Like any good puzzle, the more pieces you put into place, the more complete the picture. The same is true for the president of the West Point Grey Community Centre Association (WPGCCA) Board of Directors, Dr. David Dolphin. David is a renowned scientist and an officer of the Order of Canada. His career is a story in and of itself – more details can be found here. Apart from playing a lead role in the development of the first treatment for age-related macular degeneration, which once caused blindness in a matter of months, he has founded companies, holds more than 264 patents and has published over 400 research papers.
David has called West Point Grey home since 1980. He is an avid potter and member of the Aberthau Potters’ Club. With them, and at his home studio, he makes beautiful ceramics with unique forms and colourations that reflect his background in woodworking and chemistry. We sat down with David to learn more about his hobbies and the remarkable trajectory of his life.
What were your early years like?
Well, I was born at the beginning of the Second World War in London, England. By birth I’m a cockney. My family lived in the poorest east end of London. Both my parents left school when they were 12 years old. However, in many ways I have been lucky. I knew I wanted to be a scientist when I was 12, and when I was 16 my Scout leader got me a summer job at a chemical factory research lab. We made things that smell good. For example, we created different types of perfume, even the scent of fresh baked bread for stores that sold bread but no longer baked it, and the smell of leather to add to plastic furniture. That was a thing in the 1950s.
What life circumstances brought you to Vancouver?
My marks were good enough that, in Grade 12, I received a scholarship for university, which was the first step in my journey. I graduated with a bachelor’s degree and PhD in chemistry. I then traveled to Cambridge, Massachusetts, in the mid-1960s where I was lucky enough to pursue a postdoctoral fellowship at Harvard under Dr. Robert Burns Woodward, who won the Nobel Prize around that time. I taught at Harvard for 10 years – starting when I was 26 – and had three kids, who joined me for the next leg of my journey. In 1974 I received an offer to teach chemistry at the University of British Columbia, where I worked until my retirement in 2005.
It was at UBC that I met my second wife, Diane, who was also working in the chemistry department. While neither of us were set on marriage, we did eventually tie the knot in 1981 so that we could travel together to China, which, at the time, would only allow Diane to accompany me if we were married. Outside of work, we spent a lot of time traveling, skiing and fly-fishing.
How did your passion for making Pottery start?
My original hobby was woodworking. I made a set of bowls, and the grain was so gorgeous that I didn’t want to spoil it. So I went to my glassblower at UBC to make some inserts, but the shape was too complex. I bought some clay that you can bake in your oven, and it’s crap. So I took pottery classes and got hooked. I found out about the Aberthau Potters’ Club at West Point Grey CC around 20 years ago. I’ve been a member since around 2010 and am their current Vice President.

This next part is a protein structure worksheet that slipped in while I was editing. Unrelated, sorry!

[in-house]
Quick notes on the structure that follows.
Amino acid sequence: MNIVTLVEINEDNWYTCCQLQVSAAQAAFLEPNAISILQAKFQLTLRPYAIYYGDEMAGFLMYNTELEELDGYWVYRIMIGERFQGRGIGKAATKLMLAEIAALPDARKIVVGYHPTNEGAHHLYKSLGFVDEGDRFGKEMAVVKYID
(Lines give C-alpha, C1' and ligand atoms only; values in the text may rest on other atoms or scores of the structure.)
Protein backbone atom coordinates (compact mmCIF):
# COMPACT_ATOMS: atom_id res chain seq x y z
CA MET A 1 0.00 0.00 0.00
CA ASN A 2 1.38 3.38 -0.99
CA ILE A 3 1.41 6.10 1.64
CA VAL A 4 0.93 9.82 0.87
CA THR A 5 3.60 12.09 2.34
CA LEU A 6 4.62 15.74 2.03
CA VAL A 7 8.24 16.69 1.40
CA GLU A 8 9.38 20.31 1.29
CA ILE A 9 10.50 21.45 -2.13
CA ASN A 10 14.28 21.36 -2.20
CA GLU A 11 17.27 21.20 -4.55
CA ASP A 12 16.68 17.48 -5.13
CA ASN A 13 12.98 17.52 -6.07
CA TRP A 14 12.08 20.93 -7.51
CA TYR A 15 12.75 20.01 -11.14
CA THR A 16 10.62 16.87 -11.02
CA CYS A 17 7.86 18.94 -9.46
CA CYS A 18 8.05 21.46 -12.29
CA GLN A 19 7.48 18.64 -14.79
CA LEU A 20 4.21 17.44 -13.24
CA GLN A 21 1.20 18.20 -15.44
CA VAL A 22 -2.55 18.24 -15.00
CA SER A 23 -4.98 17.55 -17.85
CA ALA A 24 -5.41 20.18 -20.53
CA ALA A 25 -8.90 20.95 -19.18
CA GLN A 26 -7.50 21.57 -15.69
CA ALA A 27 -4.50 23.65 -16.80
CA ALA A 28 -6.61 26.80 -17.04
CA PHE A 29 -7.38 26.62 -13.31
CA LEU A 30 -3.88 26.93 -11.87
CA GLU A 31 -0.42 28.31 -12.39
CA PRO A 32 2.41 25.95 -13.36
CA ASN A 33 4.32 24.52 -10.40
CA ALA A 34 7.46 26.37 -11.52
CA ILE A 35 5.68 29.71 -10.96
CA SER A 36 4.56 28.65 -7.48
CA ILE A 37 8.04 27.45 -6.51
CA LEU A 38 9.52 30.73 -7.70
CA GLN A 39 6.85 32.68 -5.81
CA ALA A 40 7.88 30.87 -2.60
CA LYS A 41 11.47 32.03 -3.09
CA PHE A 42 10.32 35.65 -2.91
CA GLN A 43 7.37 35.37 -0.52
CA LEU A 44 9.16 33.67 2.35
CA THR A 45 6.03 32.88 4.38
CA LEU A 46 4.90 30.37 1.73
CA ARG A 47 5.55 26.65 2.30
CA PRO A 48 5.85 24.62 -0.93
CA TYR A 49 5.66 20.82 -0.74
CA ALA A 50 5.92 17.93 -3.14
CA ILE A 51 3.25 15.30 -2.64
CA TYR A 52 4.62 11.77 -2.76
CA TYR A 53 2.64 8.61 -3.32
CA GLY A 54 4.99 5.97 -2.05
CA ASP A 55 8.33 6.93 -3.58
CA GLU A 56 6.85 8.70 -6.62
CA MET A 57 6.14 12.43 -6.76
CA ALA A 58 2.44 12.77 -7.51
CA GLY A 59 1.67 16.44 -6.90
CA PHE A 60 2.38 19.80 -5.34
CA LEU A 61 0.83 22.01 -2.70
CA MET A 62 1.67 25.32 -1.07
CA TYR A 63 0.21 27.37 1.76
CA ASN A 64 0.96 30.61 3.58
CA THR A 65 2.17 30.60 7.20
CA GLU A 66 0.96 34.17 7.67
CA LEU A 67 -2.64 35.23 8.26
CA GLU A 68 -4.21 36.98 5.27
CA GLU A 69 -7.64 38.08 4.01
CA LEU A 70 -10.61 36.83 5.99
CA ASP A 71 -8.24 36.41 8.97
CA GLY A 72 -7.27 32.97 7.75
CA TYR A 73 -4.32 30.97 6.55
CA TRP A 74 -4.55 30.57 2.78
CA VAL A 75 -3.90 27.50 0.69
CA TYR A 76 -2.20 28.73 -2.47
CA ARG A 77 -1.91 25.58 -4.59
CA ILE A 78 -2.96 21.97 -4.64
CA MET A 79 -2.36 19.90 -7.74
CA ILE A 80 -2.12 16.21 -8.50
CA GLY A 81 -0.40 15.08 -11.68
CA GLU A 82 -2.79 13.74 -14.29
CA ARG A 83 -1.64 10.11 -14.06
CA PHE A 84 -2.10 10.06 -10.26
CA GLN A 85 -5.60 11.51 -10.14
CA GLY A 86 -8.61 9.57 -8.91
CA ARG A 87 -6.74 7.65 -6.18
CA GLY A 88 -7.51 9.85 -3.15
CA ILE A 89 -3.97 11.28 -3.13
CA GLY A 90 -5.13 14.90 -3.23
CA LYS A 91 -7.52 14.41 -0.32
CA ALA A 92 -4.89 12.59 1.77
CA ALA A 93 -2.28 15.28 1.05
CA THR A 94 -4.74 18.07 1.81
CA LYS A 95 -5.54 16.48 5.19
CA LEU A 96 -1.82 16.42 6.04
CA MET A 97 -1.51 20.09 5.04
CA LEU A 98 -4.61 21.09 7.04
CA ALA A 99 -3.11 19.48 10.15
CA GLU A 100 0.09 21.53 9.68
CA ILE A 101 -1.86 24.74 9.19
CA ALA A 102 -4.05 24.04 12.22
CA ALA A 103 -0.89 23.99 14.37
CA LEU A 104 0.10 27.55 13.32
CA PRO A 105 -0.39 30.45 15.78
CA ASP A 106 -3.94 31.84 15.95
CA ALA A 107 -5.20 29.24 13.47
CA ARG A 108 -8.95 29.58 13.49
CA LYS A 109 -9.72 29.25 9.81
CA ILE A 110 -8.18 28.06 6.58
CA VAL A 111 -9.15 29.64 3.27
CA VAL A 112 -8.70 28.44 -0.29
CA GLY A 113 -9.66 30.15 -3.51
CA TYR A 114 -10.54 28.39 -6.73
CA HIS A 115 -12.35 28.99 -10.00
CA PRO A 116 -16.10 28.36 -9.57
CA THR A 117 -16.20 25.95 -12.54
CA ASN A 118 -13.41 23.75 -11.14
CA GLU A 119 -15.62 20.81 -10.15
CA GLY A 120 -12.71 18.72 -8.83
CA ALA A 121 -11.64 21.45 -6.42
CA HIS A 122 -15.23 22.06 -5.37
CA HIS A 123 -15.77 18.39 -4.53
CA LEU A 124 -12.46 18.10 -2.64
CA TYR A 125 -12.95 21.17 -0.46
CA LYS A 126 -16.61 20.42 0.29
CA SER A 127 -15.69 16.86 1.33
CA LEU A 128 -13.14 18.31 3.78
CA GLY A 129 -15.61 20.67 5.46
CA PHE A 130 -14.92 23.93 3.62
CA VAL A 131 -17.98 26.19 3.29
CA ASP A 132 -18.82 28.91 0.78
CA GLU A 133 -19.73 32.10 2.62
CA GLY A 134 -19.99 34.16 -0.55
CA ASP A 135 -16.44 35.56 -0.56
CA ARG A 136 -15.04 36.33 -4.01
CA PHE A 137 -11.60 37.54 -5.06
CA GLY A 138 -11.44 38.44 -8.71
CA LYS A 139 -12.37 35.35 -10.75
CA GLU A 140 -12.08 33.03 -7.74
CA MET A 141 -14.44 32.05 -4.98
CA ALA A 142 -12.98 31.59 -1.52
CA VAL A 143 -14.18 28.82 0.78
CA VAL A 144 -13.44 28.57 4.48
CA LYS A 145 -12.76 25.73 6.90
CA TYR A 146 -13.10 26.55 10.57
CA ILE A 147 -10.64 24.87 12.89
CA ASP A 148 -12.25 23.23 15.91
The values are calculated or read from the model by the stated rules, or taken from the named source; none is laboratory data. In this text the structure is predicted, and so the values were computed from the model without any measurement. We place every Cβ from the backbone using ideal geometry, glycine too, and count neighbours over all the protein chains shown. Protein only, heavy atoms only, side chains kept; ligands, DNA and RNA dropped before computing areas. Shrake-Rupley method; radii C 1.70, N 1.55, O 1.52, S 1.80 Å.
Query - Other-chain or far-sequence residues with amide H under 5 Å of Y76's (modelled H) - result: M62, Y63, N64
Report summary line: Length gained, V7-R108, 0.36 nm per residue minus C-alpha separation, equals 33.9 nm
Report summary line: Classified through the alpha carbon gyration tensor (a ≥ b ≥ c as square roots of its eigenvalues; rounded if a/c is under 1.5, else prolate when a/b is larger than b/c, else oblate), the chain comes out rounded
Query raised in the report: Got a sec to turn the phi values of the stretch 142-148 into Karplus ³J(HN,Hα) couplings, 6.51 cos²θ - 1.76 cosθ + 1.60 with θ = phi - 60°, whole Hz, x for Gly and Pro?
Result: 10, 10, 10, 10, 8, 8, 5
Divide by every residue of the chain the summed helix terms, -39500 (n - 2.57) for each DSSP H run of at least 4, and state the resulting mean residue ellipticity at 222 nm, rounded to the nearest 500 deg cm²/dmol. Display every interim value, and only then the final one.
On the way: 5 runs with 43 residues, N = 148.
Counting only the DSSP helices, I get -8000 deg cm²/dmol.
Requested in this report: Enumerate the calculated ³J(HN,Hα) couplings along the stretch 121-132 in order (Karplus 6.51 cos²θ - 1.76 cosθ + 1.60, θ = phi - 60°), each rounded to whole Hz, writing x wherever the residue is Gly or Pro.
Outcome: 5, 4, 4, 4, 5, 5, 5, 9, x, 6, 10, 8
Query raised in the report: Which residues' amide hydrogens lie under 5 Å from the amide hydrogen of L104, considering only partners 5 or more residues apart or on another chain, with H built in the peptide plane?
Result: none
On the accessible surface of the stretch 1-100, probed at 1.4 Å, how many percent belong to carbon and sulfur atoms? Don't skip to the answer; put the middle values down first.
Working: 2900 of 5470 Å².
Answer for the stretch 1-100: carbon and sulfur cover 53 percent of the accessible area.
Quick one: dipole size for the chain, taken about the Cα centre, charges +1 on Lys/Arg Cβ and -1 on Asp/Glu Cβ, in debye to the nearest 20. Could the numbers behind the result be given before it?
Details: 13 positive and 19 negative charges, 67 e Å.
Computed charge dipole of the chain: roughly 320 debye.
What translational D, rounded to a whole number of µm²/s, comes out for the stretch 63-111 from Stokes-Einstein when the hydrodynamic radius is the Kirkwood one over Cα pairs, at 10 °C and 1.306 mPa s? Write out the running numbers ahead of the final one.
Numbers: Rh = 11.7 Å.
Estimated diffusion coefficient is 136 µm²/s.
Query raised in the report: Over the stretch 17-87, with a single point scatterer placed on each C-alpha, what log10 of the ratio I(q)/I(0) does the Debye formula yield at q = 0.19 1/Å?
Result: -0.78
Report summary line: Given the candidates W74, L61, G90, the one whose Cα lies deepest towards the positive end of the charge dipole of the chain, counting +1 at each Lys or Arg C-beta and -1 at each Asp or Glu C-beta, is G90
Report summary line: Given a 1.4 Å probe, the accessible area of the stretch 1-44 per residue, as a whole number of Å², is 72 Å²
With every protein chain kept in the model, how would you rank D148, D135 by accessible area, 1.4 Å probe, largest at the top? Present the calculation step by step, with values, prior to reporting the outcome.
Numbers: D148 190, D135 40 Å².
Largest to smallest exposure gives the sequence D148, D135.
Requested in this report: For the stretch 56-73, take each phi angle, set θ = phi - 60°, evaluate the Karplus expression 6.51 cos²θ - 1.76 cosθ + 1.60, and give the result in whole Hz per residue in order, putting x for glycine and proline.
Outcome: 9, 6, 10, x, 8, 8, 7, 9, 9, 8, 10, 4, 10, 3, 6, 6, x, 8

What made you decide to become a WPGCCA Board Member?
I heard that the Association’s Board was looking for members, and so I decided to join. Proximity had a lot to do with it, too, as I live just up the hill from the Centre. I have sat on many boards, and this seemed like a good way to work with like-minded people on projects that benefit the community.
What has been the most rewarding part of this experience to date?
I find it very rewarding to know that what the Board is doing is helping not only the local community, but the community at large. Over half of the Centre’s patrons come from outside the West Point Grey community.
What’s your vision for the future of West Point Grey CC?
The Association currently has over $1 million in our coffers, and it is my expectation and requirement as president that we spend that money on improving the Centre – whether through renovations, introducing new programs or buying new equipment.
In addition, a challenge that we face is that we currently offer programming at two facilities on the Jericho Lands. Those facilities will eventually be demolished. So I would like to see community facilities built up there in addition to the current facilities we have at Aberthau, on West 2nd Avenue.
What has been your greatest accomplishment so far as a Board Member?
That would be the signing of the JOA. About five years ago, the Park Board wanted to renew the contract with community centre Associations, called the Joint Operating Agreement. We spent hundreds of hours working on the JOA, which eventually turned out to be, I think, an excellent document for both sides.
Want to become a member of West Point Grey CC Association’s Board of Directors? Applications are due by 5pm on January 29, 2020. Learn more and fill out the nomination form (tip, you can nominate yourself) here: westpointgrey.org/about-wpgcc/board-members